Half Moon Bay State Beach, California [credit: Wikipedia]

Half Moon Bay State Beach, California
[credit: Wikipedia]

The Talkshop is dabbling in education today with this extract from Wikipedia.

A logarithmic spiral beach is a type of beach which develops in the direction under which it is sheltered by a headland, in an area called the shadow zone. It is characterized as a logarithmic spiral because if you look at it in plan view or aerially, it represents the same shape that is created from the logarithmic spiral relation.

These beaches are also commonly referred to as ‘half heart’ or ‘crenulate’ shaped bays, or ‘headland bays’.


NOAA’s vandalism of ERSSTv3b2 (good) to ERSSTv4 (corrupted) hinges on a single point.

Visual catalog of the beautiful natural patterns being systematically defaced:

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1. Secular

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Going through one of the old PRP shutdown threads I spotted a comment from regular A C Osborn I missed in all the hubbub. It linked to this thread on Bishop Hill, and I thought I’d repost it here for some consideration, since it’s right in our ~60yr oscillation in LOD ballpark. His grace’s intro follows:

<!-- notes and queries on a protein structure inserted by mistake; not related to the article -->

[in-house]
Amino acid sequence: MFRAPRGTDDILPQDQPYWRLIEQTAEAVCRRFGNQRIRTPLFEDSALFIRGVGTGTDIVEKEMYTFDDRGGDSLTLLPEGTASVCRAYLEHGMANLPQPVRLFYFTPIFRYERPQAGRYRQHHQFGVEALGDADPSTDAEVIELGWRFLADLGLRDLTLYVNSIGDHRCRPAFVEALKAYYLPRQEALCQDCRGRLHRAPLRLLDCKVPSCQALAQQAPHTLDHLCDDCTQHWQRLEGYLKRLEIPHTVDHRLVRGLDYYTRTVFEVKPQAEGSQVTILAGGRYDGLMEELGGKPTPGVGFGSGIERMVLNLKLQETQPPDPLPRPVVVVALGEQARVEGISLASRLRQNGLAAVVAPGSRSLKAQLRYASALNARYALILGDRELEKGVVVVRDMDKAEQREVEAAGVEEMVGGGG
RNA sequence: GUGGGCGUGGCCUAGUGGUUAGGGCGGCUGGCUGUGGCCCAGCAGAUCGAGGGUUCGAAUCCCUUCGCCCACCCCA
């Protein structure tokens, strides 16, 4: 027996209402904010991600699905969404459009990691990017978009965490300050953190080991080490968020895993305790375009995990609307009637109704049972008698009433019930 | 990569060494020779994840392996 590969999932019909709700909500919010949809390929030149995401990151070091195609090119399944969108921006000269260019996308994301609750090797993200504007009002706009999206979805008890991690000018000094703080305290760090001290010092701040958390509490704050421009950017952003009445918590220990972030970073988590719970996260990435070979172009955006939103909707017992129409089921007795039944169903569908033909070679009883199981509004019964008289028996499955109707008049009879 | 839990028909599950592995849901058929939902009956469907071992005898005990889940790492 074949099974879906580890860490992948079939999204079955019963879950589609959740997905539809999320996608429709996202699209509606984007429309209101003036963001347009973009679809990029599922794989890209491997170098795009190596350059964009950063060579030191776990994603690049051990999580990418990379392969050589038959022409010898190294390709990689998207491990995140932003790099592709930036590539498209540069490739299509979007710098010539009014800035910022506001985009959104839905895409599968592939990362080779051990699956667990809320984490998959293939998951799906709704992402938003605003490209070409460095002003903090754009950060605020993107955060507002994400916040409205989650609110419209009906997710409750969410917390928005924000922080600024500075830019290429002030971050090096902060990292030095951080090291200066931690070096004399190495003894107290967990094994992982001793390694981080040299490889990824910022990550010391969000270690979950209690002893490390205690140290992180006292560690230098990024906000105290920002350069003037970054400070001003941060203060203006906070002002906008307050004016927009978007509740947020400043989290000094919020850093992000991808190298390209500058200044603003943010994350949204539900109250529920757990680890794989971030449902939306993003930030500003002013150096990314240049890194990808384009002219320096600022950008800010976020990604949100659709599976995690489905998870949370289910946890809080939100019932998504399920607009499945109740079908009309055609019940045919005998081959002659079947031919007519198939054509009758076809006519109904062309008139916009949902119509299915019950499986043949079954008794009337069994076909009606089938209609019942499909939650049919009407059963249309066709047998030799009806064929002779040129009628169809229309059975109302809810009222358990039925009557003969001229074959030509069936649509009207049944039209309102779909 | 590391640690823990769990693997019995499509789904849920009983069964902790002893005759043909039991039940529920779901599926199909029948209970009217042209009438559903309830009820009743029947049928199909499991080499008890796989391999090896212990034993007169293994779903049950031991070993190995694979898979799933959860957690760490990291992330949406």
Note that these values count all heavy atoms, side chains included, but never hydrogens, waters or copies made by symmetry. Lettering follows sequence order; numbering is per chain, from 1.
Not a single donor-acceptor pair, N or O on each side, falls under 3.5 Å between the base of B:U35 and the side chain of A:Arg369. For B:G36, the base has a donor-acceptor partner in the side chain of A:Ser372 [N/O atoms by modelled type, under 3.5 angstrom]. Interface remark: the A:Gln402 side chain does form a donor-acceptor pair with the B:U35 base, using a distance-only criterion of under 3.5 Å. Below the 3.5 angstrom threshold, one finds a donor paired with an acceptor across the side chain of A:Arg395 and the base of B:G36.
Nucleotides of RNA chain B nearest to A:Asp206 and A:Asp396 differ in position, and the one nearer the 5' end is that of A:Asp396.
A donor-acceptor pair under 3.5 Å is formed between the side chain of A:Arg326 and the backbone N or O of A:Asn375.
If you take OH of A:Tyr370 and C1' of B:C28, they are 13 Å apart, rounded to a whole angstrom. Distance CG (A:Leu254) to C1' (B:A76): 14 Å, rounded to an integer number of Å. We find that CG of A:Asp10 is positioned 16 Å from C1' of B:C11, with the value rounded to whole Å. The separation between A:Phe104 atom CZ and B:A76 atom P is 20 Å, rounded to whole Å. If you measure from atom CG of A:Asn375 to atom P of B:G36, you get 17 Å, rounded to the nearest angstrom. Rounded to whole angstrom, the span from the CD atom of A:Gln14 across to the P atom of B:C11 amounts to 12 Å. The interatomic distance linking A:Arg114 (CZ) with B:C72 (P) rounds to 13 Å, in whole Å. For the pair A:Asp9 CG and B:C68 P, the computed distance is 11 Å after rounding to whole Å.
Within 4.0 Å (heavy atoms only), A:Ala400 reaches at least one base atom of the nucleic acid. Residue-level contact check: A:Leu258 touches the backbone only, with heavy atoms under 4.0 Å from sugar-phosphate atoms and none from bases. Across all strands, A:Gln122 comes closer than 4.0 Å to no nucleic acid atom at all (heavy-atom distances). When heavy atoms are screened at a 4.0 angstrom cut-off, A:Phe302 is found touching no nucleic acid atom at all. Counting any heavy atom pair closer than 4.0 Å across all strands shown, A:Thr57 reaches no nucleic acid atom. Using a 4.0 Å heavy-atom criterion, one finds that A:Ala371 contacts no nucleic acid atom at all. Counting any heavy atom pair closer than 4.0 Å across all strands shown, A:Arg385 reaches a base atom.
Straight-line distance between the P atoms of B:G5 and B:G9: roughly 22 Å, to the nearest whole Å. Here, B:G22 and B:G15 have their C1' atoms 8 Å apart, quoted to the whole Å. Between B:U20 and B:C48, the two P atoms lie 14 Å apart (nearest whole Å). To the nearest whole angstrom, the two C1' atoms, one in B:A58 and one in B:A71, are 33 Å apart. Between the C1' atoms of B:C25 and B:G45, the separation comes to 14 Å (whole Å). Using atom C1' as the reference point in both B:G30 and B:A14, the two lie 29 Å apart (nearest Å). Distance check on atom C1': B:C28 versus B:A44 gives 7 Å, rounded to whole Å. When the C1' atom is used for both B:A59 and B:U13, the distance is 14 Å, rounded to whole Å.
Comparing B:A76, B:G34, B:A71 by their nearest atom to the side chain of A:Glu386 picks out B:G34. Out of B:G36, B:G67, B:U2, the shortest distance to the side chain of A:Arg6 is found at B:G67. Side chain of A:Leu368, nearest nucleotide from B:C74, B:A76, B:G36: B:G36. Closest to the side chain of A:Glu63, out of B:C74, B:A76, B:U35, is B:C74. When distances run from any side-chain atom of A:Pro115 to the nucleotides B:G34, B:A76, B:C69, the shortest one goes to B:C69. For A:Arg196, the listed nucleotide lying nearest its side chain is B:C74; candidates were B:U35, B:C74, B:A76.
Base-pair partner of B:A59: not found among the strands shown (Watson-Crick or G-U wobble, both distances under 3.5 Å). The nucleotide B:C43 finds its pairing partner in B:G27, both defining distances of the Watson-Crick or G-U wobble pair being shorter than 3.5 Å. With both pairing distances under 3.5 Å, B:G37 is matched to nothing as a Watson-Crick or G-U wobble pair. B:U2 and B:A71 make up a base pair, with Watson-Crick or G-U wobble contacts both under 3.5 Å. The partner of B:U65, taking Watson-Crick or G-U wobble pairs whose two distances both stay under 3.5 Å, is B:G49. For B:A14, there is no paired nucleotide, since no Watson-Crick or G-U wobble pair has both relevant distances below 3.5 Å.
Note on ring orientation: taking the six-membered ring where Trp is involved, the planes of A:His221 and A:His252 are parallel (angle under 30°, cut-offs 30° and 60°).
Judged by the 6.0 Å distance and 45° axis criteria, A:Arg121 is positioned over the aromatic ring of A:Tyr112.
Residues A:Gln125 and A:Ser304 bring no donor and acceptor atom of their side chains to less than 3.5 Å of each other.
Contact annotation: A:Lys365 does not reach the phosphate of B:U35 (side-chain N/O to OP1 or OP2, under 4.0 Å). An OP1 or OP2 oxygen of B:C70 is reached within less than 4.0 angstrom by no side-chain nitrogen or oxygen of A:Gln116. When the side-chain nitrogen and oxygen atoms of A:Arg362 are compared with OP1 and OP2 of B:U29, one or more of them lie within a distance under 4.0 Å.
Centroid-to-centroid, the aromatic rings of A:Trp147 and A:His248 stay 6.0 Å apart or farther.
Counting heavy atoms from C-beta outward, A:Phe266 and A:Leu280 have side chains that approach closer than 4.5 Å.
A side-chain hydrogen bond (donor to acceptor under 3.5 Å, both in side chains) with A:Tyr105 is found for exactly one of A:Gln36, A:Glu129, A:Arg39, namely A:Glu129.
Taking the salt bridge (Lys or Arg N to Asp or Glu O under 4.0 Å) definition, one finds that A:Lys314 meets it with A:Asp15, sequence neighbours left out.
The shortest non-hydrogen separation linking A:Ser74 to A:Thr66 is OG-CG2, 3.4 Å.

Reader Paul K (a regular writer at Lucia’s) left this fascinating comment on the thread about the England trade winds paper. As BH regulars know, I don’t spend a lot of time on alternative theories of climate change, but I felt this was worthy of an airing.

As Nic correctly points out, from the observed data, the total global ocean heat flux shows a peak around 2001-2005 depending on which dataset one takes. TOA radiative measurements show a peak in net radiative incoming flux somewhere around 1997-2000, driven largely by SW changes in net albedo. Modern MSL data from satellite altimetry (or indeed from tide gauge data) shows a peak in its derivative function around 2001-2003, which should also be a proxy for net heat flux going into the ocean. (Using gravimetric data from GRACE, we can rule out the possibility that the peak in MSL derivative was caused by mass addition – it is a peak clearly driven by thermosteric expansion. There is a useful presentation here by Nerem.